Terry H. Schwadron
Jan. 25, 2023
We’ve arrived at the point where the steady erosion of Trust is becoming a flood, affecting our public policies as well as our personal relationships.
Of course, there is little new in human behavior about the constant clash between personal frailties and the need to do the right thing for others. We long have posited that Trust is aspirational, a quality to be earned rather than an assumed state.
Our public and private world ethics have been littered with incidents showing what happens when that trust fails. Our public assessments and private journals are filled with crimes, corruption, breakups largely based on one individual or another turning away from promised or expectations to put self-interest first.
But as with mass shootings, rising prices and public divisiveness, our news now reflects a daily deluge of what had been distinct exceptions. The steep decline in trust for our institutions, traditions, even laws themselves seem to be running amok, even as reports of accepted bad behavior are rising just as quickly.
The flip side of Trust is Integrity, the personal and public promise to pursue what is needed on behalf of all of us, not just for self. But we’re seeing that integrity is becoming a suddenly scarce quantity.
News as Trust Test
The news this week of a senior FBI counterintelligence agent facing multiple criminal charges for working with and for a Russian oligarch he supposedly had been investigating is beyond disturbing for all the national security ripples the arrest is generating. The apparent need for personal gain over national trust is appalling and dangerous.
But it also is a case on point for the loss of Trust in federal law enforcement in ways that will continue to roil Justice Department efforts in a variety of ways.
The failure of our paltry gun laws even in California to rein in the use of weapons in two multiple killings in the same week is troubling for trust as well as safety. Our “trust” these days is in a legislatures and Supreme Court that will continue to bat down any efforts to keep us safe even as they target school teachers and librarians over books they find objectionable.
Of course, it is a Republican majority in the House that sees no reason to stop or question Rep. George Santos for presenting a totally fabricated personality to the voters — and more importantly — a made-up, sworn set of financial documents as campaign finance documents. Based on false signatures, he would not be allowed to work in any job I ever applied to hold.
What are we to make about trust when looking at these cases in which classified documents are turning up in places where they have no business being — and now involving former Vice President Mike Pence as well ? indeed, while the cases for Donald Trump and Joe Biden differ greatly over the responsiveness of each to the existence of documents, both reflect a lack of public trust for the handling of the nation’s secrets, regardless of intent.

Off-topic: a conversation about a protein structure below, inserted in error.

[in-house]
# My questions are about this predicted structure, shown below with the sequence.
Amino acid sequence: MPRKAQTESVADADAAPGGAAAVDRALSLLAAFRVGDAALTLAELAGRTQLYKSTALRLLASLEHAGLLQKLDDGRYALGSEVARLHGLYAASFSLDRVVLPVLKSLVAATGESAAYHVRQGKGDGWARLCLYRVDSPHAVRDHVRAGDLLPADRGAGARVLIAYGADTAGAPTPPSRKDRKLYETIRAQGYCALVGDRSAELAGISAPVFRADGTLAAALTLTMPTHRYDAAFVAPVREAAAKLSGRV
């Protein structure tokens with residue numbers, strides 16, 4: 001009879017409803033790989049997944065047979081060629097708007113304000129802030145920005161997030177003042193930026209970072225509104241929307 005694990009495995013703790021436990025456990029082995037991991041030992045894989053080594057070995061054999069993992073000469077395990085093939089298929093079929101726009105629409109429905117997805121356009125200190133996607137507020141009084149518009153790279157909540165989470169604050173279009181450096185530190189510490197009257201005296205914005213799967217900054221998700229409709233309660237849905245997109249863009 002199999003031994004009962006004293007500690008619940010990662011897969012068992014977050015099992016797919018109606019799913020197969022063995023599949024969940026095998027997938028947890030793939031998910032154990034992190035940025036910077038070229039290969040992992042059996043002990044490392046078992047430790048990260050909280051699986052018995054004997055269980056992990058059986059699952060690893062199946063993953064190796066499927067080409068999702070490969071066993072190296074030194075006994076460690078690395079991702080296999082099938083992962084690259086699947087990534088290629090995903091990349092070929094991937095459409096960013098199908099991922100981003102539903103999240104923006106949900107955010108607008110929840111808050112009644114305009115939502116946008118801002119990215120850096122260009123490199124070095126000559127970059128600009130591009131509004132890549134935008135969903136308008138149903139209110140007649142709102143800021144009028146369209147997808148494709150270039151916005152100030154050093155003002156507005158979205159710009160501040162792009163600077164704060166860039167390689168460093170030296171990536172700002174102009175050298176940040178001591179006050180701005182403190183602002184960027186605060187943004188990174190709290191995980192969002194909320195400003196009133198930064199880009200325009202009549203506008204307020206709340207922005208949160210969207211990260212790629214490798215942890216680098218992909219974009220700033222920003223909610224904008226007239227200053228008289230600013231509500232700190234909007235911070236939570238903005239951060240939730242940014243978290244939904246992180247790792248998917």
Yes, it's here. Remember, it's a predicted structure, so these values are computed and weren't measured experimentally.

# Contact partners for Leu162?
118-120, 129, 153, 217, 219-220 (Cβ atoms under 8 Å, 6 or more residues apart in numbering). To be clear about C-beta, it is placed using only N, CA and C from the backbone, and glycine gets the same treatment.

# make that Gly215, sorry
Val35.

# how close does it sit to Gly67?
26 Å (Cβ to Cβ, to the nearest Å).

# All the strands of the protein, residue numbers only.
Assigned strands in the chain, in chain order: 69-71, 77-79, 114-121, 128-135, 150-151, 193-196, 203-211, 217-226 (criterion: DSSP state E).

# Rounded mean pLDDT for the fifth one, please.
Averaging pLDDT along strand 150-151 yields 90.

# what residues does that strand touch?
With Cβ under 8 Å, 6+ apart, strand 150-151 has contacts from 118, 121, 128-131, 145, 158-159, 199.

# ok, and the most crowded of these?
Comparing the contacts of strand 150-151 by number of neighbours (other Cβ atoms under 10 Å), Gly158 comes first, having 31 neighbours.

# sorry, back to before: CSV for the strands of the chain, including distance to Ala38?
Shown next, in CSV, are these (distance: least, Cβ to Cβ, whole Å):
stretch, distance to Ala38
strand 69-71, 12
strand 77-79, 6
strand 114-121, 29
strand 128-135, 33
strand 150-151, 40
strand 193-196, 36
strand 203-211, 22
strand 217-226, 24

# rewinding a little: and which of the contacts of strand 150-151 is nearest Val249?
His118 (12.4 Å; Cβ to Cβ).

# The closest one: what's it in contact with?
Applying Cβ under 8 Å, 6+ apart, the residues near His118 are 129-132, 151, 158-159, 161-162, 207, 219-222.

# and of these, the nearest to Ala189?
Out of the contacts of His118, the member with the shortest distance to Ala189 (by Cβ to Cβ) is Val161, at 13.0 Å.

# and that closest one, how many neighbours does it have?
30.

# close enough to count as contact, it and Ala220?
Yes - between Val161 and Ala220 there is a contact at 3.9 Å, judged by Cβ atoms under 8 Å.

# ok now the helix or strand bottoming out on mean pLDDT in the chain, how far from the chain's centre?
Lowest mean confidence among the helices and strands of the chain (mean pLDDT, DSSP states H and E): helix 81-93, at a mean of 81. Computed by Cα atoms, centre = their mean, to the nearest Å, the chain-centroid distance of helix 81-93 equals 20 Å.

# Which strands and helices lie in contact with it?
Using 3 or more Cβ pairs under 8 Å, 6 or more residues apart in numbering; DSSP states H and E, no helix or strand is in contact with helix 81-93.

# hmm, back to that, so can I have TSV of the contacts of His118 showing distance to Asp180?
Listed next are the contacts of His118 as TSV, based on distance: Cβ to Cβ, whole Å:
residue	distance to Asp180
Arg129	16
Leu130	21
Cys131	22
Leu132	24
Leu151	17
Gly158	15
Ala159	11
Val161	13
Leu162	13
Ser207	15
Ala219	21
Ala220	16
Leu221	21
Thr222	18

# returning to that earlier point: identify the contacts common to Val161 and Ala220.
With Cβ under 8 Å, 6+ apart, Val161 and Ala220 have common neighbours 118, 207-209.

News that Ukraine has tossed out its cabinet members to halt national corruption over selling food to its troops while that nation is at war is upsetting for its trust failures as well as its fact.
People are so distrustful of the news media that they go shopping for channels that will tell them only the news or slant that they are predisposed to want to hear.
Our politics and public life have become a fountain of distrust.
It is that problem with personal integrity that people have found so politically odd about Donald Trump, for one: He makes clear that he primarily wants to use public trust as a tool for personal gain, with any public policy gains in a far second place.
We’re seeing the same play out in House Speaker Kevin McCarthy subordinating normal procedural and substantive legislative efforts to a relatively small extreme minority who are now controlling a full branch of the national government. That McCarthy sees power of the position as more important than protecting the nation’s credit, for example, highlights the problem of trust in our legislature and in Republicans to govern.
That the Supreme Court justices whine about last year’s early leak of the abortion decision and then insist on a throttled internal investigation that went easy on the justices themselves is all about the documented loss of trust for the court. The lack of trust in a court now dominated by partisan political interests is a slap to Americans who expect an impartial entity that has respect for its own precedent decisions.
We’re seeing a lack of faith and trust in corporations that routinely now are keeping prices high even as inflation eases, in fossil fuel companies that resist adjustments for climate change, in the constant insistence of raising executive salaries as layoffs are building amid recessionary trends all contribute to a wariness about trust for management.
That billionaires can escape taxes, or simply buy social media companies to promote their personal opinions is confirmation that there is one system for the rich and another for the rest of us.
At the same time, these institutions are telling us that we cannot be trusted to work with our own doctors about our health decisions.
We’re in a downward spiral with truth and trust.